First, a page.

The energy is weak. Too weak to trace. "It looks like something from Cataris IV. Perhaps a toy or something for a religious ceremony. It's lighter than it looks, which means it's hollow inside. The stones aren't worth much. I don't feel any magic in it." She holds the ball out for him.
The man sketches a short bow. He closes a hand over the ball. Something pricks Annabeth's palm. Before the pain fully registers, he returns the ball to the bag. "Thank you for your time."
Her palm stings. There is a tiny bead of blood on her pale skin. Was there a raw spot near the engraving? A chip? "I can take a picture of your sphere and show it to a few of my associates. Perhaps one of them has seen a similar object."
"That is unnecessary." The man's attention is back on Ellie. "Your ruthpa is very beautiful."
Annabeth freezes. Her stomach does a slow roll. Her heart leaps to her throat. Before she can reach the nearest weapon, the man strolls out of the store. Whistling.
Palms damp, Annabeth quickly locks the shop's front door and lowers the metal curtain that protects the windows. She bundles Ellie up while reciting every protection rite she ever learned. Before leaving, she sets the alarm and triple-checks the wards around the building.
It takes every foot of space between the shop and her quiet, ranch-style house for her to calm down. Listening to Ellie sing along with her Disney Princess CD helps. That there is no one tailing them does, too. By the time she pulls in the driveway, her pulse is back to normal and her stomach has stopped churning.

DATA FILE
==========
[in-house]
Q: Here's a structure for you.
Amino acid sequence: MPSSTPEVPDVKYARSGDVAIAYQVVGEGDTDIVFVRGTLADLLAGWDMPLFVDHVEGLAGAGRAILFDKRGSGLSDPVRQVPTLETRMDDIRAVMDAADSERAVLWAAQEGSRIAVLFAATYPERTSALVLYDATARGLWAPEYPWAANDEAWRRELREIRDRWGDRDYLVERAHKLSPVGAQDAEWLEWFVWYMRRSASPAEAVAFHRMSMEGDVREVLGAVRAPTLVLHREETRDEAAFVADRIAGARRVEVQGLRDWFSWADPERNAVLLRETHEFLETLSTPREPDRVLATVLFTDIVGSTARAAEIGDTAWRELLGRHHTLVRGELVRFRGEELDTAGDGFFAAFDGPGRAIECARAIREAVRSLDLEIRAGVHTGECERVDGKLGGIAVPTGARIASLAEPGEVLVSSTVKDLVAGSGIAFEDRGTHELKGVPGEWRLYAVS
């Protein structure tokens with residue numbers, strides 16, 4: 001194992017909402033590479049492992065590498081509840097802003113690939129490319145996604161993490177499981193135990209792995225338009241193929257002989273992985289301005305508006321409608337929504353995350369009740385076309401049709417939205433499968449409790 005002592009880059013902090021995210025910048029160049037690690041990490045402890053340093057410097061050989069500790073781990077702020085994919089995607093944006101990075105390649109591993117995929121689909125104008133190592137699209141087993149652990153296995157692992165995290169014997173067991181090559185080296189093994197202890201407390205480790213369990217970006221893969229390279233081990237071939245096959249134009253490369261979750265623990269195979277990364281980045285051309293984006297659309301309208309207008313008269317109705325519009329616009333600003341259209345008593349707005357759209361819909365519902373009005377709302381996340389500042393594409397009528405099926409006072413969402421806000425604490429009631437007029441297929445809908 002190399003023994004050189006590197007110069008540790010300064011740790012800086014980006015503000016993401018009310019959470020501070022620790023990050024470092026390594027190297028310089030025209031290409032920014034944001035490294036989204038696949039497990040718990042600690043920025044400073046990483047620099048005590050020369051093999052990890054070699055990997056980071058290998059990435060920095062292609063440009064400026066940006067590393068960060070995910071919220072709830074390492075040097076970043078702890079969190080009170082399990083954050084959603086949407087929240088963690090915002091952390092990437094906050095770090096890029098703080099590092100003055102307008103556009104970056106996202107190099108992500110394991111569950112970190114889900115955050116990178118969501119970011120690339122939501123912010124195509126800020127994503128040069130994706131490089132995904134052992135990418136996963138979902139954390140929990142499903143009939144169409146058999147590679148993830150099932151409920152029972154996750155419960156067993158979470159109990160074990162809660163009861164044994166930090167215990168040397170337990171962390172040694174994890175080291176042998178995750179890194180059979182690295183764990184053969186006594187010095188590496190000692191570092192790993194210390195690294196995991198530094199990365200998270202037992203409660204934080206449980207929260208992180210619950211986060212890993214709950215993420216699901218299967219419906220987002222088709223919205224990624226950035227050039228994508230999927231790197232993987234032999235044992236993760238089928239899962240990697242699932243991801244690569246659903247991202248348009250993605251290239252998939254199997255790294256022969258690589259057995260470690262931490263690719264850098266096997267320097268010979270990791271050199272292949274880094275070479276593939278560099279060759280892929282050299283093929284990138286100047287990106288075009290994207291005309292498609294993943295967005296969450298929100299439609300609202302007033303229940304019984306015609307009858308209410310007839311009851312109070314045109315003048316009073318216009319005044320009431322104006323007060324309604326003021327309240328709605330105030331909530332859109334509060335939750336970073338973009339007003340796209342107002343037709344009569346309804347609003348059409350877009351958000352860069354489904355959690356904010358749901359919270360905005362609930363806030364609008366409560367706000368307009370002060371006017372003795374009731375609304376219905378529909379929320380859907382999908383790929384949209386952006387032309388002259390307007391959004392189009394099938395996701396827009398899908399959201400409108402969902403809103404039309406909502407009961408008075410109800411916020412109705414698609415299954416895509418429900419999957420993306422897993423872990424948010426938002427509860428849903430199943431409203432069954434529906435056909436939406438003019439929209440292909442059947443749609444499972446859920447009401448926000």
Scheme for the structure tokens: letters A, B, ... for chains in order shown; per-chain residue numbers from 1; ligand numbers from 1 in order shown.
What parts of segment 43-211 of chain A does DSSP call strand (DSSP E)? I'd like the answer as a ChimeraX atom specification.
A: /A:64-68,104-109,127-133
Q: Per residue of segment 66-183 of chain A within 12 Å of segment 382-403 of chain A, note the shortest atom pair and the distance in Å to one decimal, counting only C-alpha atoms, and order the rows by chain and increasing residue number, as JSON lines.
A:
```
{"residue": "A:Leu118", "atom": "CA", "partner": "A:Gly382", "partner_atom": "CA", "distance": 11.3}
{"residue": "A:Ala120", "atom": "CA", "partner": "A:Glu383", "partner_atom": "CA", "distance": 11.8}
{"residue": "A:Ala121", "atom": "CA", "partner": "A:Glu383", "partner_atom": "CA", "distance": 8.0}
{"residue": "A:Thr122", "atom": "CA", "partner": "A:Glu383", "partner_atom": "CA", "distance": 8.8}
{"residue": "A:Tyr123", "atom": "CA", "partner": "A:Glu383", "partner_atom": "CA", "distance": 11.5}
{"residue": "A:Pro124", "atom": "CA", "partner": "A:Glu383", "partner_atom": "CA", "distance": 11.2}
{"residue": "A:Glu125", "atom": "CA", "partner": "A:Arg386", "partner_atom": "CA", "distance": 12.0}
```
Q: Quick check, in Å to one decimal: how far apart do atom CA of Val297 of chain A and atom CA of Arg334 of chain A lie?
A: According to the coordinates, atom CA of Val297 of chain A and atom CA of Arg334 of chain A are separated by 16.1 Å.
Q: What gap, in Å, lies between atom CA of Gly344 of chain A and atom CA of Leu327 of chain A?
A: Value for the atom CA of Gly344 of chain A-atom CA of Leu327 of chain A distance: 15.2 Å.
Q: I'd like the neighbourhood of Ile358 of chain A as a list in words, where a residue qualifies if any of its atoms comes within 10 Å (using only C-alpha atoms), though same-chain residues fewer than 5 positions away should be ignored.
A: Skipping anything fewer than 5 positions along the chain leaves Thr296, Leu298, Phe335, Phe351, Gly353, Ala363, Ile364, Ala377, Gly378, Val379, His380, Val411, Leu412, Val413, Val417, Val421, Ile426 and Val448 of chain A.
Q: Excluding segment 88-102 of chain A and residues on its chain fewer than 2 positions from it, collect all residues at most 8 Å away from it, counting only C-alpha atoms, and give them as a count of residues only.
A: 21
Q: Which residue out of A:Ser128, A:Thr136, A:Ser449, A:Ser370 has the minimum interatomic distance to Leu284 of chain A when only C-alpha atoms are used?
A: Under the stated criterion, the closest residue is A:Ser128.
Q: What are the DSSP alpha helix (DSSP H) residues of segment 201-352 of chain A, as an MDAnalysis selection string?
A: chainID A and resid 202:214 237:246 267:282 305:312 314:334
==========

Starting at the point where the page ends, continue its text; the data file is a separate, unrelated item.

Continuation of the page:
It's Wednesday night, which means meatloaf night. She plops Ellie in front of the television with an animated movie before she washes her hands and digs a package of ground beef out of the refrigerator. As she dumps spices in the bowl of meat and breadcrumbs, she tries to call her baby sister. She gets voicemail, as usual.
"Skye, it's Annabeth. Call me. It's an emergency."
The phone ring while Annabeth is tossing a salad. She's been checking the clock every few minutes. Her nerves are stretched paper thin, and she feels like she's going to jump out of her skin. In her haste to reach the phone, she knocks over her glass of iced tea. "Shit, shit, shit," she grouses, cradling the phone between her ear and her shoulder while hunting for a rag to mop up the mess.
"Is that anyway to talk around impressionable children?" Skye teases, voice light as air.
"Ellie's in the other room."
"I didn't mean her, sis."
Annabeth tosses the wet rag in the sink. She collapses onto a barstool, props her elbows on the counter, and cradles her chin in her hand. "Where are you, Skye?"